How to cook elk loin?
I've got an elk striploin that's a little over 2 lbs. Any suggestions on how to cook it? I have never cooked game. Thanks!
From my LL Bean Game & Fish Cookbook (1983):
Broiled Elk Steak Marinated in Brandy:
4-5 lb elk (or moose or caribou) steak, 2" thick
3/4 cup Cognac or any decent brandy
3 tbls butter, melted
salt and freshly ground pepper
Marinate the steak in the brandy for about 45 minutes, turning it a couple of times.
Drain and pat steak dry with a paper towel (yes, reserve the expensive marinade). Broil steak over hot coals, basting a few times with melted butter. Salt and pepper it.
Serve steak on a garnished hot platter after you have warmed the reserved Cognac in a saucepan.
Just before you bring in the platter light the warmed brandy and pour enough of it onto the steak to make the blue flames dance (and to make you feel better about using so much expensive brandy for the marinade).
Great Falls Elk Steak with Herbs
2 tbls butter, soft
1 tsp marjoram
1 tsp thyme
1 tsp tarragon
1/8 tsp powdered cloves
4-5 lb elk steak, 1-1/2" thick
2 cloves garlic, sliced
5 tbls dry mustard
1 stp black pepper
3 tbls red wine
2 tbls red currant or beach plum jelly
2 tbls chopped parsley
Combine the soft butter with the three herbs and the cloves.
Cut a series of 1/2-inch-deep cuts in the steak about 1-1/2-2 inches apart and insert a garlic slice and 1/4 tsp of herb butter in each incision. Keep remaining herb butter for later use.
Make a paste of the mustard, pepper, wine and jelly and spread it on both sides of the steak. It is best, but not imperative, to do this about 2 hours before broiling.
Broil the steak herb-butter side up for about 9 minutes; turn and broil 3-4 minutes more.
Take steak from broiler and spread the half-broiled side with the rest of the herb butter and with the chopped parsley and broil another 3-4 minutes.
Slice steak on the slant in 1/4-inch slices and serve with a sauce if you wish - hollandaise or béarnaise.
Hearty Elk Stew
1/2 lb suet (preferably beef)
2-1/2 lb elk stew meat, cut in 2" cubes
1/2 c flour
salt and pepper
2 cloves garlic, chopped
2 medium onions, chopped
1 bay leaf
1/2 tsp marjoram
1/2 tsp thyme
1 tbls chopped parsley
1 cup red wine
1-1/2 c boiling water or broth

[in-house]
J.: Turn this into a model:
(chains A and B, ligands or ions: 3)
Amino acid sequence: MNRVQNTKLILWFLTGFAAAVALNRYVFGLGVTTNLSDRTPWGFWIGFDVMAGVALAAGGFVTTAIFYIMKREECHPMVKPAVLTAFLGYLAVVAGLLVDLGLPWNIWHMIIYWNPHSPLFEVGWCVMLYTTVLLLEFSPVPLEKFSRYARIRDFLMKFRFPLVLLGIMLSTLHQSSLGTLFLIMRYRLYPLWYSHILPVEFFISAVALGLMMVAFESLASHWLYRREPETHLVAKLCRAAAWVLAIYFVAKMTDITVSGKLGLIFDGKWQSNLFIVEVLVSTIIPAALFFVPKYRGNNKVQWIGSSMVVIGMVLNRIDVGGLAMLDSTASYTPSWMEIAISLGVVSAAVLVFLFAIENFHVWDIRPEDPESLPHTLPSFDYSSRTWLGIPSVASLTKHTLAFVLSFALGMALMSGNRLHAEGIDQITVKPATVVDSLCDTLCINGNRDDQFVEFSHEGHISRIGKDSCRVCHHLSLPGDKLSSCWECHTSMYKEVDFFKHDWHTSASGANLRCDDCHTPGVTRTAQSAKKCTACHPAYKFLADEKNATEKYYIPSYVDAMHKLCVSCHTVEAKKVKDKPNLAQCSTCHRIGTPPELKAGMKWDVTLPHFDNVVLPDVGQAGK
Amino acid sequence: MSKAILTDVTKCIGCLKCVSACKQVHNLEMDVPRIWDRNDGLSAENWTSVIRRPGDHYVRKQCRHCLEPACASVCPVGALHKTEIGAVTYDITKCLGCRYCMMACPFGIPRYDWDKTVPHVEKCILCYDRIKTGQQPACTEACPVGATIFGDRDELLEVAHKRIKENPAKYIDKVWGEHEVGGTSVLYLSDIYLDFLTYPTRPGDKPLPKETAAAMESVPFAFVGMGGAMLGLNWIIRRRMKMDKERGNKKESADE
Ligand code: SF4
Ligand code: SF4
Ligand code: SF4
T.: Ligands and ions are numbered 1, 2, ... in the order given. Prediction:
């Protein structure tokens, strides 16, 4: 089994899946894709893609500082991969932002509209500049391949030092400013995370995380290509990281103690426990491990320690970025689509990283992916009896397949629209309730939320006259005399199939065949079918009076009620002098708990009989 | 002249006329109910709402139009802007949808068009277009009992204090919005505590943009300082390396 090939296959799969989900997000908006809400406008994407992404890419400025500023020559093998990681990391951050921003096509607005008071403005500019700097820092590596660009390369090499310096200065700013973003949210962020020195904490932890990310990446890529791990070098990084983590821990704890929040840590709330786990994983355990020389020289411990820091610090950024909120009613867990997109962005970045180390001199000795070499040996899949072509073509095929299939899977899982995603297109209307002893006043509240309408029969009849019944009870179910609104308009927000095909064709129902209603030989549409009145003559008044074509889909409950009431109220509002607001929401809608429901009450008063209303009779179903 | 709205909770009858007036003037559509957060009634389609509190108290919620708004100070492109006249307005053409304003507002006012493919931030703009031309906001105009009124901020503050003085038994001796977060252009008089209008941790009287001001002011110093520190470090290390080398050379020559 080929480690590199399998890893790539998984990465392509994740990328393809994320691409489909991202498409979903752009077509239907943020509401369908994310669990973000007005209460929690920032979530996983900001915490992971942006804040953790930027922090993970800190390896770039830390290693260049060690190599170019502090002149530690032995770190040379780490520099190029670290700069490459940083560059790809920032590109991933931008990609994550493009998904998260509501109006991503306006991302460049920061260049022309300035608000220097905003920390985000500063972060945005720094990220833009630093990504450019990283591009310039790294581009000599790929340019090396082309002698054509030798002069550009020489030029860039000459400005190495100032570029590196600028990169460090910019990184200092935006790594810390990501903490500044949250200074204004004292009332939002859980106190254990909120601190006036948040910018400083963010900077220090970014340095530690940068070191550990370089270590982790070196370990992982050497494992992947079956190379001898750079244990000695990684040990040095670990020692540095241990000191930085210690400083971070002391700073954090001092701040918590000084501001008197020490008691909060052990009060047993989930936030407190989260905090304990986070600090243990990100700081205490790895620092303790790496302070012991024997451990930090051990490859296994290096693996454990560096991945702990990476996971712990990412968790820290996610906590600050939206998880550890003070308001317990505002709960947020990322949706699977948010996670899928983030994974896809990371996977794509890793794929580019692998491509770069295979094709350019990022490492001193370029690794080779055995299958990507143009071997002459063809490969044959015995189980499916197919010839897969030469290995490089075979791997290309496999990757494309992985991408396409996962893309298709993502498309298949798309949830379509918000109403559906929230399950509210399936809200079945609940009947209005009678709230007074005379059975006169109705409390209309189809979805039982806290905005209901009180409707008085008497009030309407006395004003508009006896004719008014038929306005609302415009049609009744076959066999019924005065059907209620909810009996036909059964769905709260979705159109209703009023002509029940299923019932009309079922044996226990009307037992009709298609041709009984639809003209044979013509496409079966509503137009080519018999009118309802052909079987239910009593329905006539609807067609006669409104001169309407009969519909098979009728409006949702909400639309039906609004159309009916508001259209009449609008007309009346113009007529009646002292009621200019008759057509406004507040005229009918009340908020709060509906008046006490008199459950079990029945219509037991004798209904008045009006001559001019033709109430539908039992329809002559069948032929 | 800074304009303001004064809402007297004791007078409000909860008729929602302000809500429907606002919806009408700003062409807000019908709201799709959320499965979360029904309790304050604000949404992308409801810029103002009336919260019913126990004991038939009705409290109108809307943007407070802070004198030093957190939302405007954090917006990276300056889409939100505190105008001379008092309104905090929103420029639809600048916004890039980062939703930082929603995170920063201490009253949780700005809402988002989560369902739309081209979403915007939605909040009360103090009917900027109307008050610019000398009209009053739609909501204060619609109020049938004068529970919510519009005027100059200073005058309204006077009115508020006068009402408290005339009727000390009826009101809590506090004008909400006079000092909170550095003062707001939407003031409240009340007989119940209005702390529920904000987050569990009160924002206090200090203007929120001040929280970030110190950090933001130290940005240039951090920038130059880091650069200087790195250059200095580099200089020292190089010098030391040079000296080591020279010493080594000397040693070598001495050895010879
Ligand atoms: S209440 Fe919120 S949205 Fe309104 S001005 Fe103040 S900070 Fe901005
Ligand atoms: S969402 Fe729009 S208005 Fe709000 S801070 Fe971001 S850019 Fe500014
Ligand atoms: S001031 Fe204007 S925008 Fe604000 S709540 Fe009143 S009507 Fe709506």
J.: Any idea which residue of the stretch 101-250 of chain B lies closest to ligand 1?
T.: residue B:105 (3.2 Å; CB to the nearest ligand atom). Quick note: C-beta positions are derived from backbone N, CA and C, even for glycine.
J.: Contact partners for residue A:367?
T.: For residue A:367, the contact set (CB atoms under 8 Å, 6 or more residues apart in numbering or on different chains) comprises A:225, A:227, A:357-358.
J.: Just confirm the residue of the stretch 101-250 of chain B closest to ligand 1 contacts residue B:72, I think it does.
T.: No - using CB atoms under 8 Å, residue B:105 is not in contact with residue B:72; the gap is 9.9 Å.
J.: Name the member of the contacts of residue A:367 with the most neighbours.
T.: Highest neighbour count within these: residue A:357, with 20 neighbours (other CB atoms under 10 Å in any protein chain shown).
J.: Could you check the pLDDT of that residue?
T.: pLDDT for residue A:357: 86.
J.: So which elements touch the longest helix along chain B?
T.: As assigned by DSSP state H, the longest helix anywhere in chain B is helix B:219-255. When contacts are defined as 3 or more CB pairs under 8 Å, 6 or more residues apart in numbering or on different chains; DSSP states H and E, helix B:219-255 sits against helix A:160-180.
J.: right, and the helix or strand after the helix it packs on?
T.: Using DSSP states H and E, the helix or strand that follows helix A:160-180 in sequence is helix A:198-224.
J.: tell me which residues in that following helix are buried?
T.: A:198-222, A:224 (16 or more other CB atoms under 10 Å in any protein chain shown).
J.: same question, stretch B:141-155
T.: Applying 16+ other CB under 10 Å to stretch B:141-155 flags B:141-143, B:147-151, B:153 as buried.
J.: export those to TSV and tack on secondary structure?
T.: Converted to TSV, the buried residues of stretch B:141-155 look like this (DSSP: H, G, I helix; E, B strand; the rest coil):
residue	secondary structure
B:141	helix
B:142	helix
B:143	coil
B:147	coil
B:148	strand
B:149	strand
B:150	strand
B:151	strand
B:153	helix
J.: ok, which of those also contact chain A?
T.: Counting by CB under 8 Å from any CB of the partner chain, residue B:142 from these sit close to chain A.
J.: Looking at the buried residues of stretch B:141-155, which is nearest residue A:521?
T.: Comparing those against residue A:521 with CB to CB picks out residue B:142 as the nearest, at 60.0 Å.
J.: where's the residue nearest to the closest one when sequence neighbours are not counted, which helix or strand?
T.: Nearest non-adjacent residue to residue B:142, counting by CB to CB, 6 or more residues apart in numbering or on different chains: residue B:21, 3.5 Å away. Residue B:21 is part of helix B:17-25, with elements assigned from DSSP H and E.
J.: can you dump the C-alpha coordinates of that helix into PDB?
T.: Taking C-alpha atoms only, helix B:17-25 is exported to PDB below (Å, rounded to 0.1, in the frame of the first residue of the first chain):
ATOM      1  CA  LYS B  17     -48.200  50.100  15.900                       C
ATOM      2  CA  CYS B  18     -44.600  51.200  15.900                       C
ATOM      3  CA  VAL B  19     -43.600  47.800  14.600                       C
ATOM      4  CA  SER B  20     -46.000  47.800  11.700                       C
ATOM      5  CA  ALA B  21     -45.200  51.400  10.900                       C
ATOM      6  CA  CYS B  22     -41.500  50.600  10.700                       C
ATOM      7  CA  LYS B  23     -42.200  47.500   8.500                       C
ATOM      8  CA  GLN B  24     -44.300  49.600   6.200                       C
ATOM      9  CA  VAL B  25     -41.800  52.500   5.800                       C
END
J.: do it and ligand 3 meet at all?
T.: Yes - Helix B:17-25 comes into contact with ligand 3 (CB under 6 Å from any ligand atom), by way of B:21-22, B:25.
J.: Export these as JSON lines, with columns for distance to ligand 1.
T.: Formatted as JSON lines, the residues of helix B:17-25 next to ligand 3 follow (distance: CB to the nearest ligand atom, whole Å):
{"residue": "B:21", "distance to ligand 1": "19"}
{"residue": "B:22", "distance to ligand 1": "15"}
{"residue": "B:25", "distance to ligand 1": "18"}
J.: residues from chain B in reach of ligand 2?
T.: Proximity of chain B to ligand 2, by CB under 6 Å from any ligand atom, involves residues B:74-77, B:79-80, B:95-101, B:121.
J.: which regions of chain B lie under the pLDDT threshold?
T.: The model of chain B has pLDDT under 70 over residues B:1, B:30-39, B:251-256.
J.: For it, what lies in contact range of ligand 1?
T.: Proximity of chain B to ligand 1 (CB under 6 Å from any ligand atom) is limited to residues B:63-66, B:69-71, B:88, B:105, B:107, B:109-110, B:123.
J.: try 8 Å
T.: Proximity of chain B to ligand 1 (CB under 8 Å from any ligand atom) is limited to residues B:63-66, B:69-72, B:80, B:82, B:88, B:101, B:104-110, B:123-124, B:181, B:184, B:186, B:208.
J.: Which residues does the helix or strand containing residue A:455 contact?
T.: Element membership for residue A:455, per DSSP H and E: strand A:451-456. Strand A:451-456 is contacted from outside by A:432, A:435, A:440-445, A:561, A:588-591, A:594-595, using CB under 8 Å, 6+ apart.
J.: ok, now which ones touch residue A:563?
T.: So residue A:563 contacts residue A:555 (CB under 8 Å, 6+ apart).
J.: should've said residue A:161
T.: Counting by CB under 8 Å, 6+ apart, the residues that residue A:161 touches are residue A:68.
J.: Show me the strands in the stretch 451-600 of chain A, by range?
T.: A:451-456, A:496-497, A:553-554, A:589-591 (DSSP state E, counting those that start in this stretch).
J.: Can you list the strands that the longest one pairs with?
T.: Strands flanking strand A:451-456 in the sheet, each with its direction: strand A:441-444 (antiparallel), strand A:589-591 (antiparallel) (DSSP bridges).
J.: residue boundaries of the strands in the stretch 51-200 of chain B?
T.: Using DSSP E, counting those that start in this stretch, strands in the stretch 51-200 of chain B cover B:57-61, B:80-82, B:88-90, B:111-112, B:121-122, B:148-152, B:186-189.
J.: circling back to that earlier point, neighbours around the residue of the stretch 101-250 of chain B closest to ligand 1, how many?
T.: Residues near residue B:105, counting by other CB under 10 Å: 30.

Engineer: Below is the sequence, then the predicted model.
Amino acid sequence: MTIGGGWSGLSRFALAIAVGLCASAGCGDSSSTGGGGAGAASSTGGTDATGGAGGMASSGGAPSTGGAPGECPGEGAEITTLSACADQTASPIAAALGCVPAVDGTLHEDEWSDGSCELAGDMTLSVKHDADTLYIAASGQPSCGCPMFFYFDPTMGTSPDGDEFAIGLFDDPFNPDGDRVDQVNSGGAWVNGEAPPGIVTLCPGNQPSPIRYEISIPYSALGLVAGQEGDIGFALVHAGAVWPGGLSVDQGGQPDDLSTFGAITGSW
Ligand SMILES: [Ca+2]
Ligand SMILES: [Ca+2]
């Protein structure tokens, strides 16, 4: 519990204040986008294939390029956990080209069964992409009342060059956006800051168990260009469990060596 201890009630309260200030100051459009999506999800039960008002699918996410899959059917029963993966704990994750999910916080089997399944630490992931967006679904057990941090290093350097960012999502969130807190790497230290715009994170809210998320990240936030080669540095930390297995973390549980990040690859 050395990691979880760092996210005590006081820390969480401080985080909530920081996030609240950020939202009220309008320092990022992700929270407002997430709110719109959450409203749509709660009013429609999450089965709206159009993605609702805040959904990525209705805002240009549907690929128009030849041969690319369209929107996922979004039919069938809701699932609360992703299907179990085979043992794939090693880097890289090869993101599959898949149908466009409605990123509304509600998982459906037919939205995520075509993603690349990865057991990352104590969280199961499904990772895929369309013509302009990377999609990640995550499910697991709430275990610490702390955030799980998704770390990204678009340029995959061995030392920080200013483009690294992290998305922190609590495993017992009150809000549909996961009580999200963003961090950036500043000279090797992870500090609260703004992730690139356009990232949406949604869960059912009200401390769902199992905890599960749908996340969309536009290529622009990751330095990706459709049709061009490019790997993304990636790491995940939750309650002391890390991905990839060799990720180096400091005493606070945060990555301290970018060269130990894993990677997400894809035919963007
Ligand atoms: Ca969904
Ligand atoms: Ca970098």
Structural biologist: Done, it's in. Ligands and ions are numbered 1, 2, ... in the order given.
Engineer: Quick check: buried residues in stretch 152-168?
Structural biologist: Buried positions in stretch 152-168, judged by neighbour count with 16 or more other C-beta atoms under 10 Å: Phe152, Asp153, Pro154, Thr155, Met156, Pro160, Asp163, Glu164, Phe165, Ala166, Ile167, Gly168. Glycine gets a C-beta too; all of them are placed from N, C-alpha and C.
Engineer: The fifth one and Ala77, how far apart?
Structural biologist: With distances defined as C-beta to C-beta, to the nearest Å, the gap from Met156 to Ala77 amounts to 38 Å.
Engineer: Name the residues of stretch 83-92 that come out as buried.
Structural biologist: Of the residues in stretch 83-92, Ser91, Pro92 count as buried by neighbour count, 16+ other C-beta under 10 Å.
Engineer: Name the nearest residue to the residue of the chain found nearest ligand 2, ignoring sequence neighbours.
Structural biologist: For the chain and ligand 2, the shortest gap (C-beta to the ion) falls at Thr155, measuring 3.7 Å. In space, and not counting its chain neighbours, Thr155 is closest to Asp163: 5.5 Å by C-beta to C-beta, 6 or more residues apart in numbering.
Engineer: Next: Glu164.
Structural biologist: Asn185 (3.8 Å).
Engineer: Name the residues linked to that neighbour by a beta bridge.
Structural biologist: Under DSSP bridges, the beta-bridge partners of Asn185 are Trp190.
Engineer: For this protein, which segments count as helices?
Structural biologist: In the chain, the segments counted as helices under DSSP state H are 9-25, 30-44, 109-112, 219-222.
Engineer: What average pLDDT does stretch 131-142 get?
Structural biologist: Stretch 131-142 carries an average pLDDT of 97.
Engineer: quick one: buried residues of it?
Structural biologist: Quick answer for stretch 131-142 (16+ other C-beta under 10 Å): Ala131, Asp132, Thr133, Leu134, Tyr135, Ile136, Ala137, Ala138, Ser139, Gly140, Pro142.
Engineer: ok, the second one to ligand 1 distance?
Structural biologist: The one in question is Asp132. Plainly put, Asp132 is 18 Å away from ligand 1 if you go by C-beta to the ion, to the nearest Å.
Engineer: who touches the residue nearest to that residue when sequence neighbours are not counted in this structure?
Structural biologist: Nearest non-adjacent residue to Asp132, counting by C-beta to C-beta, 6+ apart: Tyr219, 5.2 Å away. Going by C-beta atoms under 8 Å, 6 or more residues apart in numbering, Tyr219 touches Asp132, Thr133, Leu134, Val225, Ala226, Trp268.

2 carrots, but in thick slices
4 potatoes, quartered
2 tbls flour dissolved to paste in water
In electric skillet or Dutch oven or heavy casserole try out the cubed suet.
Take our the suet cracklings. Roll meat cubes in flour, salt and pepper; then brown the meat in the remaining fat.
Add garlic and chopped onions and cook until soft. Add the cracklings, herbs, wine and water or broth, cover and simmer over low heat for 1-1/2 - 2 hours, checking liquid from time to time and stirring the stew.
About 45 minutes before the meat is done, add the corrots and potatoes. When the meat is done, if sauce is thin, add enough of the flour and water, stirring it slowly into the stew and simmering a bit until thickened to the consistency you want.
That should give you some ideas.
My Dad would stew elk or deer with red wine, garlic, onion, stewed tomatoes, green bell pepper, Italian seasoning, maybe a little beef bouillon. He'd let it cook for hours until all the flavors condensed.
By the way, a tradition from my sister-in law's Swiss-Italian grandmother... put a cork in your stew to help tenderize it. We may have to send this one into Mythbusters to see if it really works, but I say what can it hurt.
Those recipes sound great! Just as a general principle, the thing to keep in mind is that game meat is much leaner than beef, and so the major risk it that it will dry out. Methods that preserve juiciness - marinading, braising, slow roasting in a low oven - are great for game. Err on the rare(r) side of medium.